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From Beyond

Nuclear Blast (2015)
Rating: 8.5/10

For those who have been living in a cave for the last decade or so, Swedish rockers Enforcer have been making waves since their birth in 2004 with their brand of fiery traditional metal.

Reviving the early-to-mid 80s scene – but in a far more productive way than most – this quartet demands more and more of your attention as the studio albums are rattled out. The combo, consisting of Olof Wikstrand (vocals, guitar), Joseph Tholl (guitar), Tobias Lindqvist (bass) and Jonas Wikstrand (drums), has just dropped its fourth opus, entitled From Beyond, which comes just two years after 2013’s decent Death By Fire, and as expected it’s another consistent record marrying galloping vintage metal with speed metal lashings.

From Beyond gives us ten tracks which began life in March 2014 after the band had come off their European tour, so there’s certainly a prolific nature about this bunch. Of course, this productive nature can sometimes backfire on bands as they eventually run out of material and I was concerned that this platter may have a rushed feel about it, but this is rarely the case.

‘Destroyer’ kickstarts the campaign; it’s a typical and possibly predictable ball of fizzing fire hinting at the sort of metallic clank Metallica churned out on their debut Kill ‘Em All (1983). It’s certainly nothing new, especially when the current scene is literally clogged with bands eager to resurrect that speedy gallop originally engineered by the likes of, say, Accept, Judas Priest and countless New Wave Of British Heavy Metal acts. At times there are shining lights within the current crop though, and Enforcer most certainly is one of them, mainly due to the flailing leads and Olof Wikstrand’s yelps which for me have an almost glam rock yelp coating.

This means that from the off we are treated to high octane numbers which never rest on their laurels, and while ‘Destroyer’ is a rather standard, balls to the wall affair, the combo ups the ante with the more melodic gristle of ‘Undying Evil’ which is instant from the start, boasting a killer hook and clearer more discernible vocal croon. The mid-tempo segments are inviting, harking back to the early 80s with an almost creaky, medieval stamp of approval. Meanwhile, the title track – as most title tracks should – has a sense of the epic. It begins with a sterling intro of metal majesty before taking on a steady gallop hinting at tepid power metal, but again accessible in its simple hook.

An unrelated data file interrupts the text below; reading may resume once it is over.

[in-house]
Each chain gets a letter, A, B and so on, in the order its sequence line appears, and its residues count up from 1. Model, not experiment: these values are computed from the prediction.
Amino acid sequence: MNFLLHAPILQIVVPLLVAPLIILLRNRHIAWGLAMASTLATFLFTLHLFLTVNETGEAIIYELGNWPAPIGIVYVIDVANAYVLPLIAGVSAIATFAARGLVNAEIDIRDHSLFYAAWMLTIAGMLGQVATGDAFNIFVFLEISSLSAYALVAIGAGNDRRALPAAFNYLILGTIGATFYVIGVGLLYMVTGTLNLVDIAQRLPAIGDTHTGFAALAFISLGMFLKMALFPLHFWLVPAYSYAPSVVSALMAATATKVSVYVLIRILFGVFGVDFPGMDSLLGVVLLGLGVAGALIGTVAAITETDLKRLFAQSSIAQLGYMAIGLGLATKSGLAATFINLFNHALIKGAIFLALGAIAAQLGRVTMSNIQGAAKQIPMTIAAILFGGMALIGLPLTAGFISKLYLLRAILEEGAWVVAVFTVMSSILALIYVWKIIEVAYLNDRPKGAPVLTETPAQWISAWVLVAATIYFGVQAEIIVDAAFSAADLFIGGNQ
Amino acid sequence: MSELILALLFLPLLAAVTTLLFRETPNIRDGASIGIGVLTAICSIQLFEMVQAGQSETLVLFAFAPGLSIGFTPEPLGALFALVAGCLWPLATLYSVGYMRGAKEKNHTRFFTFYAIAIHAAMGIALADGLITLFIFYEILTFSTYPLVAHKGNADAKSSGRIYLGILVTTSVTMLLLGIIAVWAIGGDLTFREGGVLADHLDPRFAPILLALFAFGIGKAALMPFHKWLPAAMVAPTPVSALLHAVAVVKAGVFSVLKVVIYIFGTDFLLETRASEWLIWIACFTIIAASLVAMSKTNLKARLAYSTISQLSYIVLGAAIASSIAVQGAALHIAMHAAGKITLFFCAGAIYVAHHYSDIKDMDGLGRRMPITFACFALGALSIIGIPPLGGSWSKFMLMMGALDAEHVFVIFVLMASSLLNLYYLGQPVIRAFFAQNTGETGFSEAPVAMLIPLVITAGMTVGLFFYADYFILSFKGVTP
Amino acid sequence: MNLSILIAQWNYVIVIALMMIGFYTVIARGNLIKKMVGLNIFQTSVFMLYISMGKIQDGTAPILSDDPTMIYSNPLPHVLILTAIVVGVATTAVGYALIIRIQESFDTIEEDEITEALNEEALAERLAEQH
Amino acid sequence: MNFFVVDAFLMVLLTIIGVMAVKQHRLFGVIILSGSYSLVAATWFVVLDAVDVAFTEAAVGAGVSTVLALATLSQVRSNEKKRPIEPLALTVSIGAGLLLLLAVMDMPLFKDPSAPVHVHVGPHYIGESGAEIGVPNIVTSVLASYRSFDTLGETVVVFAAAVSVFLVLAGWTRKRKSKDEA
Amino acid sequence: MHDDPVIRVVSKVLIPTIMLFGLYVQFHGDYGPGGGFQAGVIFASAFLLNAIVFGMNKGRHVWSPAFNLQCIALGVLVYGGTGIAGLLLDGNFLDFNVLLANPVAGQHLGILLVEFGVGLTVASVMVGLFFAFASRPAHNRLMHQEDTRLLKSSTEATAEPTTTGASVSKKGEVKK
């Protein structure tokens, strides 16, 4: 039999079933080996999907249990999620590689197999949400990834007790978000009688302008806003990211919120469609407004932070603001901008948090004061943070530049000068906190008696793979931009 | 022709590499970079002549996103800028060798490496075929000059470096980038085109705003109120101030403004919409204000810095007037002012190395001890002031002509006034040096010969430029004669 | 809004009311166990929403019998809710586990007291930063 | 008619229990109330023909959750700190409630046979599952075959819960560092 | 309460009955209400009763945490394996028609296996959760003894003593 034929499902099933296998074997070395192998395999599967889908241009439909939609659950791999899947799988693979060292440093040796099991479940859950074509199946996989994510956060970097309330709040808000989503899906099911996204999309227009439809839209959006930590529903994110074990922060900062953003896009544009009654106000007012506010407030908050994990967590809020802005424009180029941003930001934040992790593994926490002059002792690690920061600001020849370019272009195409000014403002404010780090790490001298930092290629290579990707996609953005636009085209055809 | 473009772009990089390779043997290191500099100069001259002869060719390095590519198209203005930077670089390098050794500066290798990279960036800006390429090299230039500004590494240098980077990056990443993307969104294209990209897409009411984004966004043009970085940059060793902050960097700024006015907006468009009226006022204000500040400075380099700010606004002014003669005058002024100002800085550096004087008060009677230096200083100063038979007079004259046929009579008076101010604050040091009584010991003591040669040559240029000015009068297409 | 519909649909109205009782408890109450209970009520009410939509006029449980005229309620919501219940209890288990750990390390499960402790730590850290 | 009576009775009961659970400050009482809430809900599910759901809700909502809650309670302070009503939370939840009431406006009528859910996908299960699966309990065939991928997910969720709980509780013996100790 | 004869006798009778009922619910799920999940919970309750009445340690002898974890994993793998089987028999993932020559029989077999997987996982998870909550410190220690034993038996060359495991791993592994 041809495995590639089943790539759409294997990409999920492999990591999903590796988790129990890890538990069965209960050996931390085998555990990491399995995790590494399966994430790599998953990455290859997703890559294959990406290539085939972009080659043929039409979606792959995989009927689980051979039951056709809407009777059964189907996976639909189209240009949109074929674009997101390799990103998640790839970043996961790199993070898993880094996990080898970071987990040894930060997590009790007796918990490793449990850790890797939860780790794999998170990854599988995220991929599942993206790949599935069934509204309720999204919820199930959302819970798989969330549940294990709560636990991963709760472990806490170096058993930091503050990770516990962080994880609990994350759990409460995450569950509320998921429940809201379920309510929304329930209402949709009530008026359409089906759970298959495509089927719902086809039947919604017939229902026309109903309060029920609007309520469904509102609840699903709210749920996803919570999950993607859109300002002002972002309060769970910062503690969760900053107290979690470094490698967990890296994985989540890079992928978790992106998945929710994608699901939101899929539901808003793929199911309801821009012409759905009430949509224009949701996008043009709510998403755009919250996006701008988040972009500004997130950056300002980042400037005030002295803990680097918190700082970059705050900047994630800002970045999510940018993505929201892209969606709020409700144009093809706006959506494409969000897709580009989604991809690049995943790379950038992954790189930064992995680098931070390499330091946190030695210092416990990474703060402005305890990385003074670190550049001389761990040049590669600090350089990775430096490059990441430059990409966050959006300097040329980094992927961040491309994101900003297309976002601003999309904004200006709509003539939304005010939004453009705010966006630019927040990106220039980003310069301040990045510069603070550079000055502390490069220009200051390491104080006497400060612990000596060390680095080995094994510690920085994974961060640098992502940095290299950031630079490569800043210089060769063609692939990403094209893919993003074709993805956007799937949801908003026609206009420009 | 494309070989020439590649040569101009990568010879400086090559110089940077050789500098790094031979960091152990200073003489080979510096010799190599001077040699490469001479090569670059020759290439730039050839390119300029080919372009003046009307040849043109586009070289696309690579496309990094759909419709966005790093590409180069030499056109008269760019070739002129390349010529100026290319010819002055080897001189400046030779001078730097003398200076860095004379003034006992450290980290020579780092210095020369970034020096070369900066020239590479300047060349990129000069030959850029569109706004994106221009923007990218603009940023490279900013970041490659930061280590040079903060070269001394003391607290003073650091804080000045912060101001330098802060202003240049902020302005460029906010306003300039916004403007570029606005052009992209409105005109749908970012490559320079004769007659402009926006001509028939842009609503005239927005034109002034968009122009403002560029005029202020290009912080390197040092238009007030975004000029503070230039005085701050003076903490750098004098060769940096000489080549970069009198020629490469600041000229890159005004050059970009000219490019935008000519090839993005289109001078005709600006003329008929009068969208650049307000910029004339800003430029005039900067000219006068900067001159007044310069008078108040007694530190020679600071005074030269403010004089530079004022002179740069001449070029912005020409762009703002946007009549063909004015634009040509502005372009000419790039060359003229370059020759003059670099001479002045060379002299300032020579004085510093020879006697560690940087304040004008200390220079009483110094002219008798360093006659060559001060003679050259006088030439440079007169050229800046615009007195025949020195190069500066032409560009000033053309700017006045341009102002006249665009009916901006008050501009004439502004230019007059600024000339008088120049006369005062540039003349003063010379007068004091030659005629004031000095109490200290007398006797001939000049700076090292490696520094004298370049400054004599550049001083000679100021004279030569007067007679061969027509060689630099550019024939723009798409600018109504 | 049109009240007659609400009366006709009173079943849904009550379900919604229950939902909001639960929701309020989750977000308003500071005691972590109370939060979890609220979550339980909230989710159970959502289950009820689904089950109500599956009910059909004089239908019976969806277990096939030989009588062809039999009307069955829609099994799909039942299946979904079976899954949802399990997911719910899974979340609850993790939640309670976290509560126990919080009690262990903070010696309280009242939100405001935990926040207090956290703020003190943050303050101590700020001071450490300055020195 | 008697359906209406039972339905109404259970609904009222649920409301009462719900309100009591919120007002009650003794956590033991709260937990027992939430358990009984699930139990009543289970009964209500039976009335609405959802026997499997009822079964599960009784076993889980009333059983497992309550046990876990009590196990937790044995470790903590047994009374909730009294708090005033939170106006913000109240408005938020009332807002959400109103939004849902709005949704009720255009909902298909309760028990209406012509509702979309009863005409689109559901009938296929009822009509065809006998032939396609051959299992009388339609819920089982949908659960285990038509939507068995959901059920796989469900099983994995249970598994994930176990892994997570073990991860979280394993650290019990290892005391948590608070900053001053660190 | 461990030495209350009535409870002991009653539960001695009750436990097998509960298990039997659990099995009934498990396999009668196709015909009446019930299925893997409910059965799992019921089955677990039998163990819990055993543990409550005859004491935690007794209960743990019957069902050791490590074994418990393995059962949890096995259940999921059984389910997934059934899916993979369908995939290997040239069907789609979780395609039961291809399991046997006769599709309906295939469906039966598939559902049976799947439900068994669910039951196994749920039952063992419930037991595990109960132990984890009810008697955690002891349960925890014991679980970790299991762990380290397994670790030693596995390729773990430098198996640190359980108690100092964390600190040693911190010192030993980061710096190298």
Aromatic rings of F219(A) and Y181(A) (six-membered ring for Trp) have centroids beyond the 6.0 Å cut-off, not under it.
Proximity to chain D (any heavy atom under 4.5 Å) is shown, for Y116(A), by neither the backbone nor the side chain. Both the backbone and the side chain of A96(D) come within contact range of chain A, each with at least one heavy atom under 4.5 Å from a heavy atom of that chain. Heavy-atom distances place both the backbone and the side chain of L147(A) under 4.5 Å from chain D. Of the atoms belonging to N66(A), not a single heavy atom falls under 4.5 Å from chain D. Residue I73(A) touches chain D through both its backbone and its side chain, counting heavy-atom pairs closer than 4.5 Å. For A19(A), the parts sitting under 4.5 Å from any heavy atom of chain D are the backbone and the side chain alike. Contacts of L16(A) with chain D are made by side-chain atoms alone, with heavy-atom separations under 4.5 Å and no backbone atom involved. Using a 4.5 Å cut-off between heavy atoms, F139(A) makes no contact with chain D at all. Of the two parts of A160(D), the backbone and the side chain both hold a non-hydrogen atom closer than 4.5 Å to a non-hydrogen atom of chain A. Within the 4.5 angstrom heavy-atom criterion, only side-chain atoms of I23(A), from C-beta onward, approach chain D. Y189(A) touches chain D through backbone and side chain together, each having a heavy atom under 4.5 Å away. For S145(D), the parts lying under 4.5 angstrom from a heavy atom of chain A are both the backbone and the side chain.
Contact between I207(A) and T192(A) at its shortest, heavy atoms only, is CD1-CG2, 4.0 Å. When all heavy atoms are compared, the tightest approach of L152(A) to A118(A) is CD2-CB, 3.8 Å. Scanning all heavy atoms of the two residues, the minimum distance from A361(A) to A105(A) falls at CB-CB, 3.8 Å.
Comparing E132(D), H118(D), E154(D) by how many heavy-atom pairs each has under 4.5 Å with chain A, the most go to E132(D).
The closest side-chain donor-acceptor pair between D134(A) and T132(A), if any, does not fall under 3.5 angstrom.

And this is pretty much the pattern throughout, Enforcer actually becoming masters of crafting strong, sturdy metal anthems that – instead of disappearing up their own arses as turgid revival numbers – are in fact glittering balls of light in a scene all too fogged by weak imitation.

The album gains strength as it marches on; ‘One With Fire’ is a short but simple speed metal burst showcasing the explosive percussive slams of Jonas Wikstrand, while Olof Wikstrand’s vocals give the track that extra high-pitched kick. With ‘Below The Slumber’, the band again resorts to the anthemic. It’s the longest cut on the opus and one that builds nicely as a sort of mystical Judas Priest-esque tapestry of majesty speaking of “trembling thunder”, “foggy haze” and “the astral world’s mechanics”, giving the track a true lacing of atmosphere and evocative stature, and it’s the sort of gargantuan melody a majority of modern bands could only dream of coming up with.

With ‘Hungry They Will Come’ we’re treated to a galloping instrumental, although it’s nothing to write home about to be honest. The same can also be said for the greasy mid-tempo rocker ‘The Banshee’ which – although starting in spectacular fashion with some fizzing leads – tends to meander as a rather bog-standard 80s metal rattler.

However, with ‘Farewell’, ‘Hell Will Follow’ and ‘Mask Of Red Death’ we still get a trio of scorchers to close the album. ‘Farewell’ beginning as a subtle trickle before slipping into an Iron Maiden-esque sprint, again boasting a killer vocal. Meanwhile, ‘Hell Will Follow’ is another short tune that exists as an all-out speed metal frenzy; Tobias Lindqvist’s rattles with fiery aplomb as the posse rushes headlong to a prog metal finale.

And with the album closing upon the strains of ‘Mask Of Red Death’ we are served up an atmospheric rocker that builds nicely with its brooding melody as Olof Wikstrand barks “The bells chant out at midnight to invite the guest of doom, Inaugurates the dark between the walls of the seventh room” with total conviction. For me, the band has pretty much saved the best until last, proving that not all dark, ominous metal has to be rattled out with apocalyptic speed. Here, the guitars are measured and stormy, and the drums provide that sturdy backbone to allow the track to build to a killer mid-section pace.

This is how contemporary metal should be played, because while acknowledging the genre’s past Enforcer instils a refreshing edge and vitality so badly lacking in the modern climate. I feel also that for inspiration the Swedes may well have plundered more obscure depths of the genre instead of revisiting the expected archives. It’s no surprise then that the promotional sheet for this album speaks of lesser known bands such as Kat (Poland) and Magnit (Russia).

In a sense From Beyond is a worthwhile history lesson to us all as we continue to seek out obscure gems from metal’s past, but what we must remember is that with bands such as Enforcer, the future looks bright too.

Neil Arnold

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